Nov 17, 2016 - Sale 2432

Sale 2432 - Lot 35

Price Realized: $ 55,000
?Final Price Realized includes Buyer’s Premium added to Hammer Price
Estimate: $ 6,000 - $ 9,000
IN THE HAND OF A SIGNER (AMERICAN REVOLUTION--1782.) [Middleton, Arthur.] His personal notes from Congress on Vermont statehood and other topics. 4 manuscript pages (3 of them in Middleton's hand), each about 13 x 8 inches, on 3 sheets; minor wear. (MRS) [Philadelphia], March to May 1782

Additional Details

The long saga of Vermont independence seemed to be coming to an end when the Congress of the Confederation took up the issue in 1782. Arthur Middleton (1742-1787) was one of the South Carolina delegates. He had signed the Declaration of Independence in a previous stint. Middleton is generally regarded as one of the scarcest autographs among the signers of the Declaration of Independence; two of these documents are written entirely in his hand, although they are not signed. This lot consists of three sheets of notes from the 1782 sessions of Congress, relating mostly to the Vermont statehood issue. Vermont had fought for independence early and heartily, but the land dispute between New York and New Hampshire had left them out of the protection of the young Union.
1) Memorandum of Congress sessions, consisting of 17 entries in Middleton's hand from 22 March through 4 May 1782, 2 pages long, plus an integral blank leaf. Most of the entries are one or two lines long, with two much longer entries. The first entry notes the promotion of Henry Knox to major general. On 30 April is a resolution intended to exhort the states to make a final push against the remaining British garrisons: "United & determined exertions as with the cooperation of our generous ally will expel the enemy from their remaining posts within the U.S. & display to the world falsehood of the assertions of the Brit'h Court that the people of these states are neither united nor determined in support of their national independence."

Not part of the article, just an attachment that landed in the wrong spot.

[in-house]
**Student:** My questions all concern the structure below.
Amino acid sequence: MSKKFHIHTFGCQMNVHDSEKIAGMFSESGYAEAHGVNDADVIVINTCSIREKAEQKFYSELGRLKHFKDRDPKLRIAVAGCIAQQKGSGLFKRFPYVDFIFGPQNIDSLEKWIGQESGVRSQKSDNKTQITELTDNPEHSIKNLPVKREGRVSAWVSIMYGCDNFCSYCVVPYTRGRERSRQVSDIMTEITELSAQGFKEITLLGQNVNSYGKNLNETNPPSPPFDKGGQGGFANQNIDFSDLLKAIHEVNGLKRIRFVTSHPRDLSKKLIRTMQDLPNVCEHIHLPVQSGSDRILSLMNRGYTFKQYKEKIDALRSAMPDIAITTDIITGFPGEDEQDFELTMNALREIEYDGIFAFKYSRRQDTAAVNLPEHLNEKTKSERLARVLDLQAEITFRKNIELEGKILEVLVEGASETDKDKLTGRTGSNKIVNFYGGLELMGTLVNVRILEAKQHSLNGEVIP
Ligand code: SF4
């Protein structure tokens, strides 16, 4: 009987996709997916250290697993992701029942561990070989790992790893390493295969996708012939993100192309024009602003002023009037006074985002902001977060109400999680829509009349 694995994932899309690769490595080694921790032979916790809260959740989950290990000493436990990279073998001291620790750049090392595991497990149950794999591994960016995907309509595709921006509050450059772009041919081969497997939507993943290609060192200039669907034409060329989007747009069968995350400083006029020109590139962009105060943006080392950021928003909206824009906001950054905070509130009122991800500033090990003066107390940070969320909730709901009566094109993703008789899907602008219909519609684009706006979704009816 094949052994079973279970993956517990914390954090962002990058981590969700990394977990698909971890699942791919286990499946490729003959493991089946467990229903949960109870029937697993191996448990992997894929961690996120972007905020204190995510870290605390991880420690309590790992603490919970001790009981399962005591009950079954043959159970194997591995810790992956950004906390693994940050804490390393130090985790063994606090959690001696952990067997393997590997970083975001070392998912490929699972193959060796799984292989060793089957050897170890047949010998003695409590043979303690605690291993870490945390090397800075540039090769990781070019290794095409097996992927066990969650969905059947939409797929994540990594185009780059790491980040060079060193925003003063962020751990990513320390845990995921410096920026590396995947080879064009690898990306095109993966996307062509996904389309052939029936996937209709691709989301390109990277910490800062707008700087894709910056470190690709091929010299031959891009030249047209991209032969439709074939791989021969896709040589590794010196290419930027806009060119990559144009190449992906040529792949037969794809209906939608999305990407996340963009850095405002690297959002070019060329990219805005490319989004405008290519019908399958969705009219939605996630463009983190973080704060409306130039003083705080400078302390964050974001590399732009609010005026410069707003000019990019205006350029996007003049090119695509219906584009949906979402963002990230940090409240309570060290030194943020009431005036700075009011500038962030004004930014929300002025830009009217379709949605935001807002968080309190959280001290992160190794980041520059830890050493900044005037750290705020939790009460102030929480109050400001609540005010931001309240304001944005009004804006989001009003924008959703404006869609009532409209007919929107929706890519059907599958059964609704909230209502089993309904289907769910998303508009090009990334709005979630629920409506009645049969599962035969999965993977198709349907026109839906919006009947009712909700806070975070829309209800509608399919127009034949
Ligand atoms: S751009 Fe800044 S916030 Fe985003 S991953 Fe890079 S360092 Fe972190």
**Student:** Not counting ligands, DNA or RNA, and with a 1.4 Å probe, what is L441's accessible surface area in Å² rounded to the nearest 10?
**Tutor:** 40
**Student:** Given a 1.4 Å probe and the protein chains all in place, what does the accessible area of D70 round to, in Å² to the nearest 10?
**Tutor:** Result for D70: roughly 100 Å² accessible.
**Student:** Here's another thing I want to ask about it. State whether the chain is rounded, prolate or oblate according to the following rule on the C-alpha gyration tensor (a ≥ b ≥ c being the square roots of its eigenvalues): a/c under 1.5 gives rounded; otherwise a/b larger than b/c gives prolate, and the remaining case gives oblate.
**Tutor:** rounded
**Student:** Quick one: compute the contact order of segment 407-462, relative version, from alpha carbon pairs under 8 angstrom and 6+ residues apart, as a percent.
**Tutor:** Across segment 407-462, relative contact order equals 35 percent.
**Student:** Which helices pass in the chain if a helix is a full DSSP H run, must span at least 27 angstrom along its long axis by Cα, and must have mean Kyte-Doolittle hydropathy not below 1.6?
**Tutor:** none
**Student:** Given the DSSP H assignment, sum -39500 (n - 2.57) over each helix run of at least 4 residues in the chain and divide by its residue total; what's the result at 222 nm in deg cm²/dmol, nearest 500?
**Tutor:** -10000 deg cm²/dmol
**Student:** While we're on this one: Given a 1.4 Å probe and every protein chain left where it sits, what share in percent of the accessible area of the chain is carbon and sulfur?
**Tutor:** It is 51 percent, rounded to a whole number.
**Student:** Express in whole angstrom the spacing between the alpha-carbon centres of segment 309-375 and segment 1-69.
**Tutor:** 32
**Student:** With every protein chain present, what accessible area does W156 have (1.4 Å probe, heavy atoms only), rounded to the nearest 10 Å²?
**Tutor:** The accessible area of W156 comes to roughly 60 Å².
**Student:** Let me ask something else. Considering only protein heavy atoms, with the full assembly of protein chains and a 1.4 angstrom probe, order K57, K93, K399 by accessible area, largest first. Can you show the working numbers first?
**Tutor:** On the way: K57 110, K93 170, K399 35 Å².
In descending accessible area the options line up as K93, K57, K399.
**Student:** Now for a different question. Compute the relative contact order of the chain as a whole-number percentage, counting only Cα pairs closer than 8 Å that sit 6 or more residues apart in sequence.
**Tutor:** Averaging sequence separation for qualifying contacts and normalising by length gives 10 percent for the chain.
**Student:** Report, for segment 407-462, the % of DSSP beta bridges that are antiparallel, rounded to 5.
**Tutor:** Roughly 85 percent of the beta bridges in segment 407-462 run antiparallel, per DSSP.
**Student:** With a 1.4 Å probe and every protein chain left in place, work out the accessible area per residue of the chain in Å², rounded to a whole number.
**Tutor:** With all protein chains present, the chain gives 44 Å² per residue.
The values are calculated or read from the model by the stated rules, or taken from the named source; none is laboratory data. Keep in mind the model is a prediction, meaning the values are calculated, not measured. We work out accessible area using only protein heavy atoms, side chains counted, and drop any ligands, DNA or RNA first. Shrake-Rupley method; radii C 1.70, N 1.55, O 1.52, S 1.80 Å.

Vermont is first mentioned on 1 April, when "Ltr fr Fay & co for admiss'n of Vermont cons'd." On 16 April, he records a lengthy resolution of the committee on Vermont which was read into the Congressional minutes: "The people of the sd district . . . have fully complied with the stipulation made & required of their Sov[ereignt]y & Indep'ce & admission into the federal union of the states, & that the conditional promise & ingagement of Congress of such recognition & admission is thereby become absolute & necessary to be performed." They put forth a resolution that "Vermont be acknowledged free, sovereign & indep't & that a Com'e be app'd . . . of the admission of the said state into the federal union." The motion did not pass, however, nor did other motions to schedule consideration for another date. Here Middleton adds an editorial aside: "So it is to be taken up when Congress is ripe for it." This item is used to illustrate Middleton's handwriting in Charles Hamilton's American Autographs, page I:108.
2) Middleton's transcript (partly in shorthand) of a letter from Jonas Fay, Moses Robinson, and Isaac Tichenor, dated at Philadelphia, 19 April 1782. It is one page long, plus an integral blank. These three had travelled from Vermont as envoys to Congress, "in full confid'ce that fr Integr'y & wisd'm th honble body, no obstacle cd prevent our confed'n & union w them" but "we are disap'd w unexpec'd delay of Cg in executing on their part" (the original was published in Vermont State Papers, page 172). Middleton had learned shorthand while studying law at Middle Temple in London, and was known to use it for note-taking at Congress.
3) A draft resolution regarding this 19 April letter, in a different hand than the other two documents. It is one page, on a single leaf, and though undated and unsigned, was apparently drafted on 22 April 1782. It essentially notes that just because Fay's letter was read into the Congressional minutes, the approval of Congress should not be assumed. It then notes Vermont's history of "positively refusing a Compliance with the recommendations of Congress." This resolution was not entered into the minutes of Congress and appears to be otherwise unknown. Provenance: Charles Hamilton sale, 19 December 1974, lot 269, to the consignor.